Among other restrictions regulating the media are those precluding people previously convicted of sedition from owning, managing, or working in television and radio stations. However, major opposition leaders, many of whom were convicted of sedition after the December 1979 Kaohsiung incident, are not affected because their rights were restored through presidential amnesties. The authorities lifted controls on the percentage of time television and radio stations could broadcast in dialects in 1993. Although Taiwanese is the mother tongue of most of the island's inhabitants, the authorities had previously required that 80 percent of broadcasting be in Mandarin. Broadcasting is now done in Mandarin, Taiwanese, Hakka (television and radio), and in several aboriginal languages (radio only).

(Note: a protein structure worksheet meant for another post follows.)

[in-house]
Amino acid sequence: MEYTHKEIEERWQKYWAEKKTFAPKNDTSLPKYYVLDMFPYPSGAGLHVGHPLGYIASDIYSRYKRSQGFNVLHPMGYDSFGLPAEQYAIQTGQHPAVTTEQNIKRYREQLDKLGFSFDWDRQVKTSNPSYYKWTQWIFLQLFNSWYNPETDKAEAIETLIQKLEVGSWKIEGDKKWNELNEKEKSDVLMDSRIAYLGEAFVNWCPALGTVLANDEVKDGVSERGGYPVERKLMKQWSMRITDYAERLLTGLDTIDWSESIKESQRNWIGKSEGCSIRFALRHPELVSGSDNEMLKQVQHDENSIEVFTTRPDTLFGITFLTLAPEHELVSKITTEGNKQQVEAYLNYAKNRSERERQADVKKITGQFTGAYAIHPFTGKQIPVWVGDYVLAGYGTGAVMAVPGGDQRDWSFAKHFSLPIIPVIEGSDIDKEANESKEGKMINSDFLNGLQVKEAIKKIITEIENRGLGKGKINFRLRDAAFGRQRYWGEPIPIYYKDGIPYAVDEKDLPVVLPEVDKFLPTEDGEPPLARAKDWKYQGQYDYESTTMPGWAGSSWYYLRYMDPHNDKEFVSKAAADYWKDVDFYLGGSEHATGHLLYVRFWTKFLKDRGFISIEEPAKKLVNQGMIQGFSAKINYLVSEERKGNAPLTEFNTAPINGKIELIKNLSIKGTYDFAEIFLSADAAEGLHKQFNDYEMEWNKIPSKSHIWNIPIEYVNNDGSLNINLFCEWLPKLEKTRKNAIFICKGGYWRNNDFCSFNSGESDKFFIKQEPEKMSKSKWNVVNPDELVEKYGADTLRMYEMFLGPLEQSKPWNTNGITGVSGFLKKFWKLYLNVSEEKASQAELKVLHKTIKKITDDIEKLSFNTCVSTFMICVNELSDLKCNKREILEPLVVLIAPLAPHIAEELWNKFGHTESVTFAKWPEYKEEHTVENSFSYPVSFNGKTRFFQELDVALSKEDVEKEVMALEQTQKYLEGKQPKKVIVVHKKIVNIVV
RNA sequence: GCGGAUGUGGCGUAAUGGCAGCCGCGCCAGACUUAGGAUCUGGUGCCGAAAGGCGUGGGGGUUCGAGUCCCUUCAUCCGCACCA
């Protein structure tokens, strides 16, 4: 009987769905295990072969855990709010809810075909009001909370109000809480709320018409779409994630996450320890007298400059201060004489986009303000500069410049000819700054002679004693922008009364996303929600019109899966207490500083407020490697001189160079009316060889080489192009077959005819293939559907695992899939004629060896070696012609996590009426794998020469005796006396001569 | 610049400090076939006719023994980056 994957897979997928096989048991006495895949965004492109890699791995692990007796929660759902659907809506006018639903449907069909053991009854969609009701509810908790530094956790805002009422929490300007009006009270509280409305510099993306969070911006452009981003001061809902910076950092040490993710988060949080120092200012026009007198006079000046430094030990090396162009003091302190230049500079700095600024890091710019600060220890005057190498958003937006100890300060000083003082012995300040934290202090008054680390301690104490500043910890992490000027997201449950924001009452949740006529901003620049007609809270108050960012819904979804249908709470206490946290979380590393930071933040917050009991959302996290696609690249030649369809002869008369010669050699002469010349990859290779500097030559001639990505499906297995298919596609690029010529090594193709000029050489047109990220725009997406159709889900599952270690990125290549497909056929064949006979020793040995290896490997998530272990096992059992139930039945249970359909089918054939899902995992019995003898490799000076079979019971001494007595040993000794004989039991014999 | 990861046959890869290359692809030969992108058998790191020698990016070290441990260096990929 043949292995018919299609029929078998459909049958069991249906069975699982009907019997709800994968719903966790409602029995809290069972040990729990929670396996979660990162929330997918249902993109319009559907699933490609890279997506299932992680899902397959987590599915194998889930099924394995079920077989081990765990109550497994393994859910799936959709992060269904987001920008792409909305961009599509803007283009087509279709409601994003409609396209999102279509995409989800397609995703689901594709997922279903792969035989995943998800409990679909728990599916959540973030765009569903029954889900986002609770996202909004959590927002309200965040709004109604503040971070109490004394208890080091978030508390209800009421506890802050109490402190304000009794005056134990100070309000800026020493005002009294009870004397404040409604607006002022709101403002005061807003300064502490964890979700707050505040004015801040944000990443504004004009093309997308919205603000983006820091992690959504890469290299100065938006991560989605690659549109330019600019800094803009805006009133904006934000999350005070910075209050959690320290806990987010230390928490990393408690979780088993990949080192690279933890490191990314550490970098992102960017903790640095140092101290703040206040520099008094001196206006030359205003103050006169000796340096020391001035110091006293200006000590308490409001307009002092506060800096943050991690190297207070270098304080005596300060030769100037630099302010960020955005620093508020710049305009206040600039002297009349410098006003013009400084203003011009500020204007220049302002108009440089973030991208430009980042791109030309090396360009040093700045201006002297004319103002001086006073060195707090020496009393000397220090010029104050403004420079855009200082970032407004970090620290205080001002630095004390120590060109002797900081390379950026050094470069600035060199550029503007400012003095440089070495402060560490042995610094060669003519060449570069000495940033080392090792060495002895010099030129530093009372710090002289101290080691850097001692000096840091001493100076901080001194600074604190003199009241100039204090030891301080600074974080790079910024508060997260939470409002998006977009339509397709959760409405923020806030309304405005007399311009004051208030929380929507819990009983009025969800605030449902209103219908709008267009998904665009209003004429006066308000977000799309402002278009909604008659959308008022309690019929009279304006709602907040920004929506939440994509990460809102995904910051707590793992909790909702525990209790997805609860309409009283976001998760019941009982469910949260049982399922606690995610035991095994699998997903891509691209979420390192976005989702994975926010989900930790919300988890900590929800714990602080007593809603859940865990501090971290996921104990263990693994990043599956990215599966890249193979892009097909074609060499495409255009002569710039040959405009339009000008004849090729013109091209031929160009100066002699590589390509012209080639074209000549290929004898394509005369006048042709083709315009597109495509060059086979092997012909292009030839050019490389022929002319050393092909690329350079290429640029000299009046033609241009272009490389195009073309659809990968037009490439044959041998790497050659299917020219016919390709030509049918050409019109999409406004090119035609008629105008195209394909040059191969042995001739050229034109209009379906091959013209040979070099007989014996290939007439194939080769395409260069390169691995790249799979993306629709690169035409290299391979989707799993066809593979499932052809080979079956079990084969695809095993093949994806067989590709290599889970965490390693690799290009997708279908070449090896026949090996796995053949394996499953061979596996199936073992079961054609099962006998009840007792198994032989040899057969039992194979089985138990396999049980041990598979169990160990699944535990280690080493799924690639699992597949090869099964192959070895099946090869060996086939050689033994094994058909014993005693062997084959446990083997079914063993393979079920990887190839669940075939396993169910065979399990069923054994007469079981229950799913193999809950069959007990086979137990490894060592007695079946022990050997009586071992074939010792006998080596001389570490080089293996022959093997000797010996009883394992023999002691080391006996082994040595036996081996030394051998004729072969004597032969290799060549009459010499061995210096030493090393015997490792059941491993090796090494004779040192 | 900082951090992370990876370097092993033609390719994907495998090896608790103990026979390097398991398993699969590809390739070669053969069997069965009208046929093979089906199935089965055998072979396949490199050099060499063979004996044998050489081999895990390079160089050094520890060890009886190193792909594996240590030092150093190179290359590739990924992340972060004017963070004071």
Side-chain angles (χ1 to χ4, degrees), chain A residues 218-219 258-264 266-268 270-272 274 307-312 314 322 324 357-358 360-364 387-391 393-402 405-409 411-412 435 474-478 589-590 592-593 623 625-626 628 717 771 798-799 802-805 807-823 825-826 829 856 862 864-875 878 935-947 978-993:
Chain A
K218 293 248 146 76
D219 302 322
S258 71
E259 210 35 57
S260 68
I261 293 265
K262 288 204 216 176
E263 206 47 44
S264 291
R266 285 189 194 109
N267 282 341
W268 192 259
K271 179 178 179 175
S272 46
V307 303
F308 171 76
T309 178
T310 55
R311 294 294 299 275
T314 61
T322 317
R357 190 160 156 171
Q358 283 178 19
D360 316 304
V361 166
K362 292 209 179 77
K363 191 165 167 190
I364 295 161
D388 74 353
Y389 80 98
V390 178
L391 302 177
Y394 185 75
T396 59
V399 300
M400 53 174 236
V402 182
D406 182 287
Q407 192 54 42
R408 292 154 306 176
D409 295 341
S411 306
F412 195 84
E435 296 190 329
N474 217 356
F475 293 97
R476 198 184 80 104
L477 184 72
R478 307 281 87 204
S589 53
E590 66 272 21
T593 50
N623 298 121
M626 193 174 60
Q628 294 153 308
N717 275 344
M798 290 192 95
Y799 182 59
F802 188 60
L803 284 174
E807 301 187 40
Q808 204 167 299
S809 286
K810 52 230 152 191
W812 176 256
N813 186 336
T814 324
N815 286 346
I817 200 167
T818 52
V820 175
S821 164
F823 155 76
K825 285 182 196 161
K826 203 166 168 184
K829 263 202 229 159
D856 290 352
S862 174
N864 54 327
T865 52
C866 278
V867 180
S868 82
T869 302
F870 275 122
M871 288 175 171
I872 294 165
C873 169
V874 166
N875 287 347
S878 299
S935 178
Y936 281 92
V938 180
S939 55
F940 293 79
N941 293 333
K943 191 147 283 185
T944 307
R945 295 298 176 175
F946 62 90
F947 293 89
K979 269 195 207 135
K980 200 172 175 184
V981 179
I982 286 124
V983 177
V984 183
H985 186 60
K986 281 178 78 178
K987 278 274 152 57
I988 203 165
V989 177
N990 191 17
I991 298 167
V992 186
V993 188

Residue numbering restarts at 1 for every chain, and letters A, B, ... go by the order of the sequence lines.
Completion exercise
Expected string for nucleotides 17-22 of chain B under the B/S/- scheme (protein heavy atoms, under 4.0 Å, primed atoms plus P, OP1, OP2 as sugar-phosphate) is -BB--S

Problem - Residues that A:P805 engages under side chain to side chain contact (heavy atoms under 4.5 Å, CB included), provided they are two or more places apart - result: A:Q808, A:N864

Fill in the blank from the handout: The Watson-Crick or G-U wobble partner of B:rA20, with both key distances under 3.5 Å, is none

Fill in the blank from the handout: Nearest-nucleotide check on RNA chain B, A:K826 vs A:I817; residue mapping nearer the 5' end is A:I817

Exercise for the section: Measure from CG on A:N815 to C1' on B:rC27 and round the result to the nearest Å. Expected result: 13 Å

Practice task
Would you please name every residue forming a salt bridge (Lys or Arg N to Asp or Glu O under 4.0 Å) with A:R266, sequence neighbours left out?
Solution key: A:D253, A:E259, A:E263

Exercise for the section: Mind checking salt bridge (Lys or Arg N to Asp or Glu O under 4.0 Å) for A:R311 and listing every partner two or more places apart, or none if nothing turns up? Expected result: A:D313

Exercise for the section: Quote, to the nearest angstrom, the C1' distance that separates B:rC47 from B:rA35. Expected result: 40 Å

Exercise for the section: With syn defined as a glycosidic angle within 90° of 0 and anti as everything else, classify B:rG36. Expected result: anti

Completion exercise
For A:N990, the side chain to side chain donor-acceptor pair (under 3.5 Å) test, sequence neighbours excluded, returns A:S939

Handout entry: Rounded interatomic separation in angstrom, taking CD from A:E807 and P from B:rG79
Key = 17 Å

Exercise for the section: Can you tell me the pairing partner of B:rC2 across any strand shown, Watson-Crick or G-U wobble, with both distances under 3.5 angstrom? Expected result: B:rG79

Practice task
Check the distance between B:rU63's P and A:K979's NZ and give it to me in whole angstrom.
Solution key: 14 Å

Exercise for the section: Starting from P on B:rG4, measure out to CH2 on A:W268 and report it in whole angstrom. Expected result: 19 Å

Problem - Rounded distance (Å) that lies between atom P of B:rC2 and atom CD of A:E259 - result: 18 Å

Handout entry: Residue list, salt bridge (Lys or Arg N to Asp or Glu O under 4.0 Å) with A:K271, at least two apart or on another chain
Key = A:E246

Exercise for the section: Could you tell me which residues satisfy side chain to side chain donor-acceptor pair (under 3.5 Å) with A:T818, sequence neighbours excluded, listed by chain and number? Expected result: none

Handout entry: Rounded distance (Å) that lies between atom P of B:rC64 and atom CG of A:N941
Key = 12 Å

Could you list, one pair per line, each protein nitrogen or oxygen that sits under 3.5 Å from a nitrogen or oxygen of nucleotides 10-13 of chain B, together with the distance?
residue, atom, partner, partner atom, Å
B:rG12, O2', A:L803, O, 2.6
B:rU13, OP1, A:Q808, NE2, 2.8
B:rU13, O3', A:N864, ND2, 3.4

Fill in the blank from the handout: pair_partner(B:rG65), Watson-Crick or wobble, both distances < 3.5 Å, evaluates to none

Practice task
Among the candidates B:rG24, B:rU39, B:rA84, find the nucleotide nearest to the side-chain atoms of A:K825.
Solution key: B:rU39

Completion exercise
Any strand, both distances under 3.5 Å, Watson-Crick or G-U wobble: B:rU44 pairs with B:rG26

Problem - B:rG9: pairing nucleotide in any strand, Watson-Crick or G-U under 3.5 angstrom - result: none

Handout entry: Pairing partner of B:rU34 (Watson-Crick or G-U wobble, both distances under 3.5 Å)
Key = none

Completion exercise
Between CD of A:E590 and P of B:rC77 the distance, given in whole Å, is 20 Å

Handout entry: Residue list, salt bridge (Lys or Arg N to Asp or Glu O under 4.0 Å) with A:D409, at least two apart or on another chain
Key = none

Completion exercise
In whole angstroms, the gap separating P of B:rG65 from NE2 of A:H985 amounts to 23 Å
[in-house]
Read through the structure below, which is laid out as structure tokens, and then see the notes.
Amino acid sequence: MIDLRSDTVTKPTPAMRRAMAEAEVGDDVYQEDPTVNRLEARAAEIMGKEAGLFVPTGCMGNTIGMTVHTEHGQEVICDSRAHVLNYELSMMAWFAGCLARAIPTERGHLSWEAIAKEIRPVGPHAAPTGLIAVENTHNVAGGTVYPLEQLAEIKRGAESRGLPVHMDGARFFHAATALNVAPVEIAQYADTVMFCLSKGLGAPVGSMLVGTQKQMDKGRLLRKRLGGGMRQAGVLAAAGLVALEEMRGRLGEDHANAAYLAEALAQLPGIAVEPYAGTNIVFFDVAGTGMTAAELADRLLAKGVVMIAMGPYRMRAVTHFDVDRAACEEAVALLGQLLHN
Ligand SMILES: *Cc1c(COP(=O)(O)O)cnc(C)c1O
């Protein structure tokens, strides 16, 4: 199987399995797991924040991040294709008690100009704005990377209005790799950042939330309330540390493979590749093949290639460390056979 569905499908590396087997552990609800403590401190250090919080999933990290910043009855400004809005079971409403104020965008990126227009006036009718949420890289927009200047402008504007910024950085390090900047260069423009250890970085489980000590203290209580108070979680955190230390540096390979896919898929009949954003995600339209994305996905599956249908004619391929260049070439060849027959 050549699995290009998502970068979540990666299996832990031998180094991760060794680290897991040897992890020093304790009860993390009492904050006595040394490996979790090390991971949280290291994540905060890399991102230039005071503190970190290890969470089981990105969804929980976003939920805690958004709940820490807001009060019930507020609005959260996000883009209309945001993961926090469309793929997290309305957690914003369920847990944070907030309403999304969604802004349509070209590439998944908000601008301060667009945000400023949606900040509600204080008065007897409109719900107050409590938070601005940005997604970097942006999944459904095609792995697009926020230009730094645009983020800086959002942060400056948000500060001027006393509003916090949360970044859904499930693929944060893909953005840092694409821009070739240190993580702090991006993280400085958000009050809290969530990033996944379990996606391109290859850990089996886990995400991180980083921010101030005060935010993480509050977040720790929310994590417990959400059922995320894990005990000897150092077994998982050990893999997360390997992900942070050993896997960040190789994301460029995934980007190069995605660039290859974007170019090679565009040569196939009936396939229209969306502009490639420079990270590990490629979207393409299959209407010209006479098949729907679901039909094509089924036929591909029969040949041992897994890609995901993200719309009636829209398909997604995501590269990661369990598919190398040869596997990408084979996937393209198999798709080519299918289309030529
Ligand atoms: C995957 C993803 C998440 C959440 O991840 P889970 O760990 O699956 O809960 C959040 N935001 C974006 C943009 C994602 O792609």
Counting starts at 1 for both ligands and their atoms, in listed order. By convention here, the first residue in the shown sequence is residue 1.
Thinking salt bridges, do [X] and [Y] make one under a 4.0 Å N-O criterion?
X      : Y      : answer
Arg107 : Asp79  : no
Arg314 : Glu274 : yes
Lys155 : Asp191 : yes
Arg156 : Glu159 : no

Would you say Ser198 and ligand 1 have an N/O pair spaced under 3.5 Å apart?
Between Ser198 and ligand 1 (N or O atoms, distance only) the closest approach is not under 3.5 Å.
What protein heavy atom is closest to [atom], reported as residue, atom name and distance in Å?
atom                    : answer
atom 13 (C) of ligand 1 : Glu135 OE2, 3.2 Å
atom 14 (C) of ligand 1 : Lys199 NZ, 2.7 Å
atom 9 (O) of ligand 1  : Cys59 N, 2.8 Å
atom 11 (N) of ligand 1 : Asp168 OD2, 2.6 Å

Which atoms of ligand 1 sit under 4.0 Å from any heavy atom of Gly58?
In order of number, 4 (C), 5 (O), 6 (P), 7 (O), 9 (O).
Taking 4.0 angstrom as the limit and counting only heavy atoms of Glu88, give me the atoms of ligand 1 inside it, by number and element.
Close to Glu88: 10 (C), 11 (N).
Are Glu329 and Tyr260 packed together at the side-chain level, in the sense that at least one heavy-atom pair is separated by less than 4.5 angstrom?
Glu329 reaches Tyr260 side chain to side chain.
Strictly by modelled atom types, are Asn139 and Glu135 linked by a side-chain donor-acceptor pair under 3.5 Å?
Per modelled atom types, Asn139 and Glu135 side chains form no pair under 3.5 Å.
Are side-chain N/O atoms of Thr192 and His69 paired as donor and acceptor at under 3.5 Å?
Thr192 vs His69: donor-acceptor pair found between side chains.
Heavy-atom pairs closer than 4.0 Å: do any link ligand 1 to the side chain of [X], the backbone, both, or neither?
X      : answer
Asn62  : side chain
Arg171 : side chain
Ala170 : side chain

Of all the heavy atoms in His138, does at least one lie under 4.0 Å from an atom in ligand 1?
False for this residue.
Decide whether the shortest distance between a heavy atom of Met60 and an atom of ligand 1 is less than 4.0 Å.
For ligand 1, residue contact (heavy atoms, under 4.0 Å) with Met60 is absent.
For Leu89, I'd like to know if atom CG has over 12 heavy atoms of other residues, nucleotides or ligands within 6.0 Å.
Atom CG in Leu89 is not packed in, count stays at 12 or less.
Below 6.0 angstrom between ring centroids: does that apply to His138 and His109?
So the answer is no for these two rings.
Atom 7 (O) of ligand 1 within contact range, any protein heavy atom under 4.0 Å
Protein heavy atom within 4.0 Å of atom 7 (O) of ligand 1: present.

There are few restrictions on academic freedom. The expression of dissenting political views is common. However, school authorities still sometimes pressure schoolteachers to discourage students from joining demonstrations.

b. Freedom of Peaceful Assembly and Association

The Constitution provides for freedom of assembly and association, but the authorities restrict these rights somewhat in practice. The Civic Organization Law requires all civic organizations to register; however, the authorities have refused to approve registration of some groups – such as the Taiwan Association for Human Rights (TAHR), the Taiwan Association of University Professors, and the Taiwan Environmental Protection Alliance – which use the word "Taiwan" in their titles (a usage which is regarded by the authorities as promoting Taiwan independence). These groups continue to be active, though the lack of registration entails some inconvenience to their operations. For example, these organizations may not solicit donations from the public and contributors may not take income tax deductions for their contributions. Nonetheless, these organizations operate freely and effectively.